Definition of Encharm
1. to charm [v -ED, -ING, -S] - See also: charm
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Lexicographical Neighbors of Encharm
Literary usage of Encharm
Below you will find example usage of this term as found in modern and/or classical literature:
1. Romeo and Juliet by William Shakespeare, Horace Howard Furness (1913)
"Without doubt encharm'd is the right word, and, as it is also the more unusual word, was probably changed by the printer into ..."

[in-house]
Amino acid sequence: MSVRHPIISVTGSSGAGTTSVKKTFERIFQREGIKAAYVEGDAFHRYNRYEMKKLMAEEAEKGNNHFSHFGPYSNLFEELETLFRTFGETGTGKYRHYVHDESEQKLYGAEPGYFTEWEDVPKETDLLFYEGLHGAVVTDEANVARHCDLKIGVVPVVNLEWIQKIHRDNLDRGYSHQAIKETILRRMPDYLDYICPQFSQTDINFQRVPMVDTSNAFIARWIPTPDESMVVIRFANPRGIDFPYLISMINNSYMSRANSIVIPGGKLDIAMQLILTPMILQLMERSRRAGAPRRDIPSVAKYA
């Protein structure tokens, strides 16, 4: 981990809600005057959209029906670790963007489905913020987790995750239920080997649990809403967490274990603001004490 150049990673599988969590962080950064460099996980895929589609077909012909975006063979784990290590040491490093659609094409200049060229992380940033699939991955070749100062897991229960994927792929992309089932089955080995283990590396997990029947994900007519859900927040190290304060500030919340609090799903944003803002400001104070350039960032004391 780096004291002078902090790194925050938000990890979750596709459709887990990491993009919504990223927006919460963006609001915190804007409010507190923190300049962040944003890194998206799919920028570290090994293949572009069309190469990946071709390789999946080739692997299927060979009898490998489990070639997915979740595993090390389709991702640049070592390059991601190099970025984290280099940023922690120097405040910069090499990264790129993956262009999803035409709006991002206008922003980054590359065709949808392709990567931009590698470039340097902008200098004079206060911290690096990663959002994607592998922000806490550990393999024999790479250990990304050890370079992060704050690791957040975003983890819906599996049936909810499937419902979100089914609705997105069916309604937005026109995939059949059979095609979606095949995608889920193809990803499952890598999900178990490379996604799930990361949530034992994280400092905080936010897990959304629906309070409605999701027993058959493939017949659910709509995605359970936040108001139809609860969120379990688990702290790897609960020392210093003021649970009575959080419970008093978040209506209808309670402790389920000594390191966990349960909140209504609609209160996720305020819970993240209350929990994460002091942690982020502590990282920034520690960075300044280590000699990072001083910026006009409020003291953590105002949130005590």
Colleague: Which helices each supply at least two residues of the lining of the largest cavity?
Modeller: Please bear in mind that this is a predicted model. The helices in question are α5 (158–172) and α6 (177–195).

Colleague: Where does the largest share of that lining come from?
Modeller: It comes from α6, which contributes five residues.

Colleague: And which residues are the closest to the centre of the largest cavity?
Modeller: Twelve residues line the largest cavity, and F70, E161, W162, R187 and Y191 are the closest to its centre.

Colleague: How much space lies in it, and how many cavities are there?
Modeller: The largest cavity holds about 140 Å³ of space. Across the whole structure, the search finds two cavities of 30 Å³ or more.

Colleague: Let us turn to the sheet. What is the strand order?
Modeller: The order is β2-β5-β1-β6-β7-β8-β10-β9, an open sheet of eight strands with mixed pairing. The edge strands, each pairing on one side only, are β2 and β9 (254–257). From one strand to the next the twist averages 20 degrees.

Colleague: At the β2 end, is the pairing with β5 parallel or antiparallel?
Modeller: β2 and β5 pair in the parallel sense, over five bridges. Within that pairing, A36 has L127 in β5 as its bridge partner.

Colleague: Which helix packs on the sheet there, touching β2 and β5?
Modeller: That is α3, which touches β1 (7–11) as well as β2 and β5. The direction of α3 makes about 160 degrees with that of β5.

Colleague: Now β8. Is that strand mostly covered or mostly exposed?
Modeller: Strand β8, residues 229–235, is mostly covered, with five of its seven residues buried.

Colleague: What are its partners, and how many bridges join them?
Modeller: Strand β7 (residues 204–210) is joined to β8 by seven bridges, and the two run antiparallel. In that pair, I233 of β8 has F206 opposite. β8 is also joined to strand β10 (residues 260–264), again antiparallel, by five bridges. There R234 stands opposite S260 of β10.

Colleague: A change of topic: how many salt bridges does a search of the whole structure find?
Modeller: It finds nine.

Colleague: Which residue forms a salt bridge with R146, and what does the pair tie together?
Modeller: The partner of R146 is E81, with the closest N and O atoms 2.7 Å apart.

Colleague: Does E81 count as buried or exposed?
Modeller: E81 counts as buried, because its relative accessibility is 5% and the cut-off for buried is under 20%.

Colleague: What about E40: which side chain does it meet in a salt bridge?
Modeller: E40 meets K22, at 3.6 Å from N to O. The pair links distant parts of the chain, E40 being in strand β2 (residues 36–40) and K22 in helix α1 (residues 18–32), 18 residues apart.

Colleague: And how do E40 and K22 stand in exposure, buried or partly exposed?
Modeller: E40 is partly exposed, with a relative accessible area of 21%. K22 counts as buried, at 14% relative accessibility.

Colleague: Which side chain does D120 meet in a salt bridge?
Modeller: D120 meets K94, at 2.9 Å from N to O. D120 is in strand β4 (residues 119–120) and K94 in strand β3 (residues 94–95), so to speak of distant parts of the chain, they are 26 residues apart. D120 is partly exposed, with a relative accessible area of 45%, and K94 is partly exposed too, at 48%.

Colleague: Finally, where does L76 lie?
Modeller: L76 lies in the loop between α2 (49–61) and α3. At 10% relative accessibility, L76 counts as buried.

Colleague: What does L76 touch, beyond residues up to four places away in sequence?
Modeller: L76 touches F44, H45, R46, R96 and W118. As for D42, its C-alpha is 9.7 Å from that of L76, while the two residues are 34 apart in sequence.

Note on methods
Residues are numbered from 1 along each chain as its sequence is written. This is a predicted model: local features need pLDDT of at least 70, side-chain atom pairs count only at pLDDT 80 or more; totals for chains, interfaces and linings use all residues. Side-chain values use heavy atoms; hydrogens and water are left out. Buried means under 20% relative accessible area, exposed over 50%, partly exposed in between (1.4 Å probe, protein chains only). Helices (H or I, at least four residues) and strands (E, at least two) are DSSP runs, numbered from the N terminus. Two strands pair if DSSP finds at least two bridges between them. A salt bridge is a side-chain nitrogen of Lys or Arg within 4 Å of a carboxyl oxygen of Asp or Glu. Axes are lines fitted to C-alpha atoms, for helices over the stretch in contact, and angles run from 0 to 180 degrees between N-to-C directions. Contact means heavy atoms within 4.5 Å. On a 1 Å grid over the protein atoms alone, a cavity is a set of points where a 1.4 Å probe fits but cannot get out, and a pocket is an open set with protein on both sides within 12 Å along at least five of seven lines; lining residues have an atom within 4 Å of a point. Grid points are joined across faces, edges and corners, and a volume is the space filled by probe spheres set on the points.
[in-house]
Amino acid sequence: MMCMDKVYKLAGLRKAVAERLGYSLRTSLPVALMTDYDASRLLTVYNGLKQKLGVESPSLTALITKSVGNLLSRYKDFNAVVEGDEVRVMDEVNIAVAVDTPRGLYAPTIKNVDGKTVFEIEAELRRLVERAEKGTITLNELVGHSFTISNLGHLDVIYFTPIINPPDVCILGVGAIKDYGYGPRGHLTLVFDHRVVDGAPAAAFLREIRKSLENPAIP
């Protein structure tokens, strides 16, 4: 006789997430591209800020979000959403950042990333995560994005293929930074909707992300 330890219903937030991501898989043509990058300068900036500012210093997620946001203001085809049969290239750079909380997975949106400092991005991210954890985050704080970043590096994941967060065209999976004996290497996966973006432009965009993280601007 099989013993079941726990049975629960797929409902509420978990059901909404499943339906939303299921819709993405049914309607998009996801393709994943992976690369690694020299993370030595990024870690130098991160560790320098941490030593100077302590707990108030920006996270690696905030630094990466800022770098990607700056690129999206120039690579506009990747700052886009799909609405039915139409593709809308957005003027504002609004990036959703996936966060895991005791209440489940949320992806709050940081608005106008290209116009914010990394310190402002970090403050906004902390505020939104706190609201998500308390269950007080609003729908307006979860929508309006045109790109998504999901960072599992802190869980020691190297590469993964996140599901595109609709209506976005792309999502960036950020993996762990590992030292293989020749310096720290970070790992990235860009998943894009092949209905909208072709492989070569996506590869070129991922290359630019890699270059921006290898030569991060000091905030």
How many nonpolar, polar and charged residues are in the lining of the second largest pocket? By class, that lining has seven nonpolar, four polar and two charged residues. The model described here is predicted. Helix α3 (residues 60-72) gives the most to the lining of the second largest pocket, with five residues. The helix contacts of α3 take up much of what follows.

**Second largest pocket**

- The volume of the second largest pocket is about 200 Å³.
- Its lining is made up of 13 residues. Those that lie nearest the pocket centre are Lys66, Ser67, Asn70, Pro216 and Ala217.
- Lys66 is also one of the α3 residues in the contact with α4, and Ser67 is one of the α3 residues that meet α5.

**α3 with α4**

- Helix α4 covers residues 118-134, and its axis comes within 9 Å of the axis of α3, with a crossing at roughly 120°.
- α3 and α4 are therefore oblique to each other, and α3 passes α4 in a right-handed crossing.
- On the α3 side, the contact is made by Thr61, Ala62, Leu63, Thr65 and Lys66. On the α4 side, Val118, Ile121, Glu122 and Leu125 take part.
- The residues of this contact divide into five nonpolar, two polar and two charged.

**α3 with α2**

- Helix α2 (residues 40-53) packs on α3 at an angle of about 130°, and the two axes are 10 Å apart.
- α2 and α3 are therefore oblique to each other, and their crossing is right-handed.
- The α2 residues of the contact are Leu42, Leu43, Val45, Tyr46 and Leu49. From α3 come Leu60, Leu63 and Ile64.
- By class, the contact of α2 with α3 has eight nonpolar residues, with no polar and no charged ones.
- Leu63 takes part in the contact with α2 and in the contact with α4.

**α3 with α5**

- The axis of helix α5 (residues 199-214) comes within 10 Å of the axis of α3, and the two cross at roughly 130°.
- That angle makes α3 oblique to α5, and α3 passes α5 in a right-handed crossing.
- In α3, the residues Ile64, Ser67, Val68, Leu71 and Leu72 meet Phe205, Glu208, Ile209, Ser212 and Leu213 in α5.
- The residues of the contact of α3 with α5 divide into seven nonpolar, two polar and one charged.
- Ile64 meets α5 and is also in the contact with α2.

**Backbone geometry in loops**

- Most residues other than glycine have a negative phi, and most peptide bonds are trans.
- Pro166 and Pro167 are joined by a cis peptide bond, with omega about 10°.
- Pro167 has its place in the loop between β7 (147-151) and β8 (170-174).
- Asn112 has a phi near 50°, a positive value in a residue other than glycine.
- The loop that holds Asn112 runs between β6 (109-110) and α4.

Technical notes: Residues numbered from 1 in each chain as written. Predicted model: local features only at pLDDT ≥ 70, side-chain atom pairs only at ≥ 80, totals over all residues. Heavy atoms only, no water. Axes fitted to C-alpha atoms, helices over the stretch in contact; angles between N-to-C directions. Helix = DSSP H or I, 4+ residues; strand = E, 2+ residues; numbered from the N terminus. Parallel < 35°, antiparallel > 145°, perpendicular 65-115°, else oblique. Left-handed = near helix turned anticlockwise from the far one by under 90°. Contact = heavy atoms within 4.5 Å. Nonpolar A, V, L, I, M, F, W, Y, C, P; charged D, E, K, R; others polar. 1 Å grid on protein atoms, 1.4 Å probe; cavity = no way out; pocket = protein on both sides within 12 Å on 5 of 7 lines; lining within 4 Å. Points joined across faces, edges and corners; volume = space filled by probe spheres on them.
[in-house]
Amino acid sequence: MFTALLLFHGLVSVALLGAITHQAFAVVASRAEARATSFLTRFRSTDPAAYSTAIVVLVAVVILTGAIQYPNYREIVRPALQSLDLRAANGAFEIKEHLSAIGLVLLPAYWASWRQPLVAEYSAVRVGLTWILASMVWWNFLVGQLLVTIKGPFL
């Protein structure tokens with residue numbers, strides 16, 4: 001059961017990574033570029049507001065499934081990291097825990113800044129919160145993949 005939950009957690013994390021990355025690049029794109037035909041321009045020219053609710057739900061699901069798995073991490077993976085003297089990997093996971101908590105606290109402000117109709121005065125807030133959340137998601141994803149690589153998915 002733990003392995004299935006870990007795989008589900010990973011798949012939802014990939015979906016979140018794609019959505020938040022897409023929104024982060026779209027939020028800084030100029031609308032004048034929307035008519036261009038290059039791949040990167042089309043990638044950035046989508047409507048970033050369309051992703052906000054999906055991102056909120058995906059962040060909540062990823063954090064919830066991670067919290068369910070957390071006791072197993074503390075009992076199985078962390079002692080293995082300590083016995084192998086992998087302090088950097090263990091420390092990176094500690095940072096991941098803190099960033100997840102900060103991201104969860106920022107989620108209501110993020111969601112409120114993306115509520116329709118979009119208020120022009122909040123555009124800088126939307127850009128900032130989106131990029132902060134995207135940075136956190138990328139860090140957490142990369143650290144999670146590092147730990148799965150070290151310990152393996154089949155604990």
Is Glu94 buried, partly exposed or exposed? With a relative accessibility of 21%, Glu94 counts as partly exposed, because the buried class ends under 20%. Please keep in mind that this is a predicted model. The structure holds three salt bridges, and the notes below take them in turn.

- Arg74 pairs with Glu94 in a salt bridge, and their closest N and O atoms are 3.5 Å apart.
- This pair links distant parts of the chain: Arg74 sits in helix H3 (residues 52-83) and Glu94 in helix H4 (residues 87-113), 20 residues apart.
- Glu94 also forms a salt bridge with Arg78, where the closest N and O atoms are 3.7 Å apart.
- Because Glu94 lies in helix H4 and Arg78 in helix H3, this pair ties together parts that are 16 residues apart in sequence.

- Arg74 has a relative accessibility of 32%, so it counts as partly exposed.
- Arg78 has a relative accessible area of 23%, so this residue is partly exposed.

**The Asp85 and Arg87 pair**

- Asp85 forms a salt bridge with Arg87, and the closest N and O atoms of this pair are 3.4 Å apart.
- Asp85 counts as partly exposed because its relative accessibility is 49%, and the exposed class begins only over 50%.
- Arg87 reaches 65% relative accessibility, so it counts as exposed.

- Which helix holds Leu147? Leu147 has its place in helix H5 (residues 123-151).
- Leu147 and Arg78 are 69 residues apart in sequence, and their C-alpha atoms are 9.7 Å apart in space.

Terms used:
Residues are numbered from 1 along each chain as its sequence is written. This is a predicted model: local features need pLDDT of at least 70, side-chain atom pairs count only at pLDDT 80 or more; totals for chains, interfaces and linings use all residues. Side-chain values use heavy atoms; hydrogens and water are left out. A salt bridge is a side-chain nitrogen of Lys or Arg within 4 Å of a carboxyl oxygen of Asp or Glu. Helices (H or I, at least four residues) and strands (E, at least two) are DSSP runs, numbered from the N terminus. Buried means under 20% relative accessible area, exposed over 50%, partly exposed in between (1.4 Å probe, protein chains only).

2. Strictures on Mr. Collier's New Edition of Shakespeare, 1858 by Alexander Dyce (1859)
"See the present volume, under Cymbeline, act iv. sc. 2. ROMEO AND JULIET. P. 107,—act i. sc. 1. "' From love's weak childish bow she lives encharm'd. ..."
3. A new dictionary of the English language by Charles Richardson (1839)
"... to deliver from delusion, from fascination ; to dis-encharm. ... DIS-encharm,* ». To free from the influence of charm» or incantations ; to disenchant ..."